Recently, widely followed investor Dennis Gartman told CNBC that China’s bull market is just getting started. However, looking at the fundamentals, I wonder how long this bull market will last. (Source: CNBC, May 24, 2015.)
Stock Market Flying High
The stock market in China has been going up at a dramatic pace since July of last year. The Shanghai Stock Exchange Composite Index jumped up more than 125% from 2,030 to 4,657 points now.
Chart courtesy of www.StockCharts.com
The Chinese stock market is so hot that government officials are a bit worried it might run out of control. Early in May 2015, one of the Chinese official newspapers, People’s Daily, warned the public, “Don’t forget the risks in a bull market.” It described the stock market rally as “a surging wave of red hot enthusiasm,” and asked people to be aware of the dangers during “the blind pursuit of profit.” (Source: International Business Times, May 4, 2015.)
However, it seems the buying frenzy cannot be stopped. The Shanghai Index gained more than 10% just last week.
Real Economy Facing Challenges
Compared to the soaring stock market, the real economy in China fails to show similar strength.
The Purchasing Manager’s Index (PMI) for China was at 48.9 in April. The PMI is an indicator for the economic health of the manufacturing sector, with readings below 50 indicating contractions. The index has been below 50 for two consecutive months and April’s reading is the lowest of the previous 12 months. (Source: HSBC/Markit, May 4, 2015.)
The challenging situation is not just in manufacturing. The statistics published on May 13, 2015, suggest China’s factory output, retail sales, and fixed asset investment all missed expectations. (Source: CNBC, May 13, 2015.)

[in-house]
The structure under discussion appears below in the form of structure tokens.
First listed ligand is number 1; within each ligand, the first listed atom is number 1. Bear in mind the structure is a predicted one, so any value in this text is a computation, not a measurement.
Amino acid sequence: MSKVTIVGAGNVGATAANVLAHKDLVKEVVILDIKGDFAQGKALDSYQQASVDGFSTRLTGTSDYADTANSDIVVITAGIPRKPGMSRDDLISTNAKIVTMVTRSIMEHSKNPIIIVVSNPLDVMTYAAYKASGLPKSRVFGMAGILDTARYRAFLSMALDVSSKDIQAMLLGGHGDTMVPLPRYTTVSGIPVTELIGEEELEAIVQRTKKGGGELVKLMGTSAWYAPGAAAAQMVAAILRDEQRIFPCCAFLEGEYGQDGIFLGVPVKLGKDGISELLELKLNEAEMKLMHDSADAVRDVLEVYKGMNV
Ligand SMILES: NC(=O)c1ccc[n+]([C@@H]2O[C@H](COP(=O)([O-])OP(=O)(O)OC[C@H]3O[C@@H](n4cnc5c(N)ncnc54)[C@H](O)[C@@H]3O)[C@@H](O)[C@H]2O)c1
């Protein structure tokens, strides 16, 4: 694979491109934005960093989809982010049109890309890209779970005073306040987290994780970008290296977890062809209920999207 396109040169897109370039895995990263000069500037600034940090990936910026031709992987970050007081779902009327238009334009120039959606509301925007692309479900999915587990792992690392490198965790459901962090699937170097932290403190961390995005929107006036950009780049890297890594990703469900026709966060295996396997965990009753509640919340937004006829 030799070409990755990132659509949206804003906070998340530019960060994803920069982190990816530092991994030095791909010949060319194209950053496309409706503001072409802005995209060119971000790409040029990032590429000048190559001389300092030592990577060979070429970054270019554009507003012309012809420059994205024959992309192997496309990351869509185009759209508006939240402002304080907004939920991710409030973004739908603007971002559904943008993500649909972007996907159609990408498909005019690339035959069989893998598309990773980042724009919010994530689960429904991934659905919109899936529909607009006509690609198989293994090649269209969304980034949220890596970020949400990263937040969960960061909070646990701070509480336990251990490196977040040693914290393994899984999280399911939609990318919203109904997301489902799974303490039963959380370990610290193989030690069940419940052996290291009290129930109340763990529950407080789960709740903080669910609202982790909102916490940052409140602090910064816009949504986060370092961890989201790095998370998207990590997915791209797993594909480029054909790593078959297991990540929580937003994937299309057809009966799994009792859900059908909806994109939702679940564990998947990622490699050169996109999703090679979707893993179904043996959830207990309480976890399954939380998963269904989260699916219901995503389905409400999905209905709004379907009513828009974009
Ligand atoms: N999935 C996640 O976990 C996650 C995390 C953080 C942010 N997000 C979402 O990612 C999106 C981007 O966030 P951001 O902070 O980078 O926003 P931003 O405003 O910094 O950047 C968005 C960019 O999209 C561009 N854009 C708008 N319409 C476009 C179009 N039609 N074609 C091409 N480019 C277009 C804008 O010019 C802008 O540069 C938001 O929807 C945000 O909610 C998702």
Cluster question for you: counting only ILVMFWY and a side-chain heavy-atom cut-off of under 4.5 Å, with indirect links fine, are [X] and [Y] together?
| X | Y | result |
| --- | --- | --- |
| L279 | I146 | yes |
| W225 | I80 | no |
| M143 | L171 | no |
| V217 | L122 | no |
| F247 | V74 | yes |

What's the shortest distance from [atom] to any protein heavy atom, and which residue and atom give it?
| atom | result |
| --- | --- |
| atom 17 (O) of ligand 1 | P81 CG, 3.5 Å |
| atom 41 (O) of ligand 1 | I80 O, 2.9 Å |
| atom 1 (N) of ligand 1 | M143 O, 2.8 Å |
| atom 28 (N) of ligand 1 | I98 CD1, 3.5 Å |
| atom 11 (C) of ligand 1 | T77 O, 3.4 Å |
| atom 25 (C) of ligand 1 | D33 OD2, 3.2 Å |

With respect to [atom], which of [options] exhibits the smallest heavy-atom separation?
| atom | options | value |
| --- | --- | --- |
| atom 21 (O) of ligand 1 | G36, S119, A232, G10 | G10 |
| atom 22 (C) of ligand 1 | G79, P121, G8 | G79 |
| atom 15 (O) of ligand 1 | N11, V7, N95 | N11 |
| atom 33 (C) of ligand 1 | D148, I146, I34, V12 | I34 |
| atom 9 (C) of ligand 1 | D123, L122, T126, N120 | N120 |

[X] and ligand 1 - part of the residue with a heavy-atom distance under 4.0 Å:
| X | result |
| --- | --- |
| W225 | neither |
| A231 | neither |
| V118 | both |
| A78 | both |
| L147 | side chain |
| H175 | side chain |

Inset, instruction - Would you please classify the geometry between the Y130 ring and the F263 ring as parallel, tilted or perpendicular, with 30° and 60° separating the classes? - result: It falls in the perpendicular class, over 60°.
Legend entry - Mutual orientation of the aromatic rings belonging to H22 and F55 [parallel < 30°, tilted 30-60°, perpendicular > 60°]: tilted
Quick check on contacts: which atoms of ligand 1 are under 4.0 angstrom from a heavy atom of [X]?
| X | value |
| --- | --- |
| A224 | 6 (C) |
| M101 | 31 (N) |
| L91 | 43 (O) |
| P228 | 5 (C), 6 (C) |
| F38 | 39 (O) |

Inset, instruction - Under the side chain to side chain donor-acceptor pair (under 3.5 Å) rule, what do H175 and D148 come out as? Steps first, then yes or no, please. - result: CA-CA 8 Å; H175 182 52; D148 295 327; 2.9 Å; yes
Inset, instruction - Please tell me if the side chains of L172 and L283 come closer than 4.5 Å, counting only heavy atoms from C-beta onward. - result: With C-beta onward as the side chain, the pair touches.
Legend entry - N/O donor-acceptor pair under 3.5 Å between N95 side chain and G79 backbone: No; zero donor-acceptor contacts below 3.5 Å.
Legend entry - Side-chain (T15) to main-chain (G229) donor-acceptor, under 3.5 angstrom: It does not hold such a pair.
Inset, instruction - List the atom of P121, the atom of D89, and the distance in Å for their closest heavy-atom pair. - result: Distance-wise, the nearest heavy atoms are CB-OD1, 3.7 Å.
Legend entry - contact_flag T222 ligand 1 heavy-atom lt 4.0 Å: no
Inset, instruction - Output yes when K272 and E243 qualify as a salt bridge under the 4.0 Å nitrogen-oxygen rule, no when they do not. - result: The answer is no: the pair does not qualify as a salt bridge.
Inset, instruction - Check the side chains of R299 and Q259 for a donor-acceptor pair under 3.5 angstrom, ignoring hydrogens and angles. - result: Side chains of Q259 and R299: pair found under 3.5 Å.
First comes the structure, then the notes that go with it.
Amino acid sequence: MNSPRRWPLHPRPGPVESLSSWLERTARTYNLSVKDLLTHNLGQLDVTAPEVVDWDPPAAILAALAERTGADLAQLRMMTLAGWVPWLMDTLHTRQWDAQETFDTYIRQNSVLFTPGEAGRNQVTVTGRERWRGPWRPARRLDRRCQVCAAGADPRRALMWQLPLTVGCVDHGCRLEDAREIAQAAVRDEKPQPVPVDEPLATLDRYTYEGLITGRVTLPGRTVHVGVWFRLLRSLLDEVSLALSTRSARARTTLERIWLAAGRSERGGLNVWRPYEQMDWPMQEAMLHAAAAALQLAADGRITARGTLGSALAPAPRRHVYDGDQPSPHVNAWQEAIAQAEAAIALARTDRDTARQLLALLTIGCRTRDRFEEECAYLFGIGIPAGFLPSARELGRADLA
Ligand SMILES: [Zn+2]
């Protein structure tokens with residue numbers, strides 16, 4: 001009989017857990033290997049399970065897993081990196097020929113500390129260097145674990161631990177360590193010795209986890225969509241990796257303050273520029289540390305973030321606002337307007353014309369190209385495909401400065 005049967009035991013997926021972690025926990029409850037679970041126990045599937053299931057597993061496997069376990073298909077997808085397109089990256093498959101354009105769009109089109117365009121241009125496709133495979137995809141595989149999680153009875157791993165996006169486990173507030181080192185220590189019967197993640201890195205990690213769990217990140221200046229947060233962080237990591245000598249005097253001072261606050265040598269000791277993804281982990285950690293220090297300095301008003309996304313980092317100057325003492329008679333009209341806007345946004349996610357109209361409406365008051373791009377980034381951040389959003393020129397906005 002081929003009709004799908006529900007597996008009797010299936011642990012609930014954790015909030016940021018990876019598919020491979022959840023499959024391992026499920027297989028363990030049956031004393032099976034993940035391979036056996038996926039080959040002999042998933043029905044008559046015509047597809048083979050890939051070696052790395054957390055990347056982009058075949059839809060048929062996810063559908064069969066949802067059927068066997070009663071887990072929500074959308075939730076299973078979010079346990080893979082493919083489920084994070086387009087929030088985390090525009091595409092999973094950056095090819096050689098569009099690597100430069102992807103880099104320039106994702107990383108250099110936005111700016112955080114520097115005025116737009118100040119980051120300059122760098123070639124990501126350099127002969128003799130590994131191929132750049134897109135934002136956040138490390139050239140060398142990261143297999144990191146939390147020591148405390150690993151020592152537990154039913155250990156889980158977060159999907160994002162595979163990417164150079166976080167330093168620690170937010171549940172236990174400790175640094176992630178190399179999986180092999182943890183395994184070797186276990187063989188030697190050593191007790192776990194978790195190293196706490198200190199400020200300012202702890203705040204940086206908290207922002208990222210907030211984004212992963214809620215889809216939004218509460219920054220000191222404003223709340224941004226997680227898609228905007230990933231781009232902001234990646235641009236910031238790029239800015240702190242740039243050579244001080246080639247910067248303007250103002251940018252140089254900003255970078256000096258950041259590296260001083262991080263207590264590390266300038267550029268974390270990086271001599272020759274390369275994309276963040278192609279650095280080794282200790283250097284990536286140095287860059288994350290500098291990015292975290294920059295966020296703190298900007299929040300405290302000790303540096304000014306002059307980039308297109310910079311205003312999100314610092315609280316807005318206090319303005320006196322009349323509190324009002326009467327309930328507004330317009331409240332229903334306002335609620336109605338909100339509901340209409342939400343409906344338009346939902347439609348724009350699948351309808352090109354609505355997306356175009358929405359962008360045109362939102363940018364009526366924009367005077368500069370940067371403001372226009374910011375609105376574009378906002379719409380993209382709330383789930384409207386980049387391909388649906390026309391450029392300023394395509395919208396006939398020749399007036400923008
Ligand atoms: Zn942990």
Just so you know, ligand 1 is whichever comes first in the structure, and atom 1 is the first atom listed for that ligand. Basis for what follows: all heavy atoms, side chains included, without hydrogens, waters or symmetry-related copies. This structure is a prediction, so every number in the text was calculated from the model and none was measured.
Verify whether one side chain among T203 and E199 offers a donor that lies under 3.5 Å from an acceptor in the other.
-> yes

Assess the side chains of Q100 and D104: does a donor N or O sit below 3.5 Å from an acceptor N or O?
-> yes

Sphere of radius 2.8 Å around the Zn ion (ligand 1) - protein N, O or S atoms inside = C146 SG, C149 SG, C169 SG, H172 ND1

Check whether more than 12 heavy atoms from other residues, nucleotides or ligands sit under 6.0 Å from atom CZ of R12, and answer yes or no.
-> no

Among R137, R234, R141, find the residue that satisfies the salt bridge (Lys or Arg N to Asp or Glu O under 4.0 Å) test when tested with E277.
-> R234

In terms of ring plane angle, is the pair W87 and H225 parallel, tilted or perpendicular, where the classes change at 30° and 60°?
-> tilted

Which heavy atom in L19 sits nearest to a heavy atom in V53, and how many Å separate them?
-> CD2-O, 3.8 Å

Trade data looks even gloomier. In April, China’s exports dropped 6.4% year-over-year. Imports plunged a more dramatic 16.2%. Trade data suggests that demand is weak among China and its trading partners.
To help get the economy back on the growth track, the Chinese central bank has lowered its benchmark interest rate three times in the past six months.
However, it seems that lowering benchmark interest rates is not enough. Despite the central bank’s continuous efforts, the real cost of borrowing is still high for businesses. This is, in part, due to the continuous decline in producer prices. Deflationary pressure puts the real cost of borrowing at around 10%. Yikes!
What It Means for Investors
China’s soaring stock market simply does not reflect the performance in the real economy. Fundamentals suggest that the current rally in the Chinese stock market cannot last forever.
China’s slowdown is not just relevant for investors in the Chinese stock market. A lot of U.S. businesses have operations in China. China also does a lot of manufacturing work for foreign companies. Weak demand in China will pose constraints on future revenue growth for U.S. multinationals. The contraction in its manufacturing sector also implies shrinking business outsourced by foreign companies. Last but not least, trade data tell us that global demand is weak.
Looking around the world, China is not the only country with a high stock market and a slowing economy. In Japan, the stock market is high, in part, because central banks have been buying stocks. In the U.S., investors are rushing to the stock market because the returns on other assets are too low. In the worldwide economic slowdown, investors need to be very, very cautious.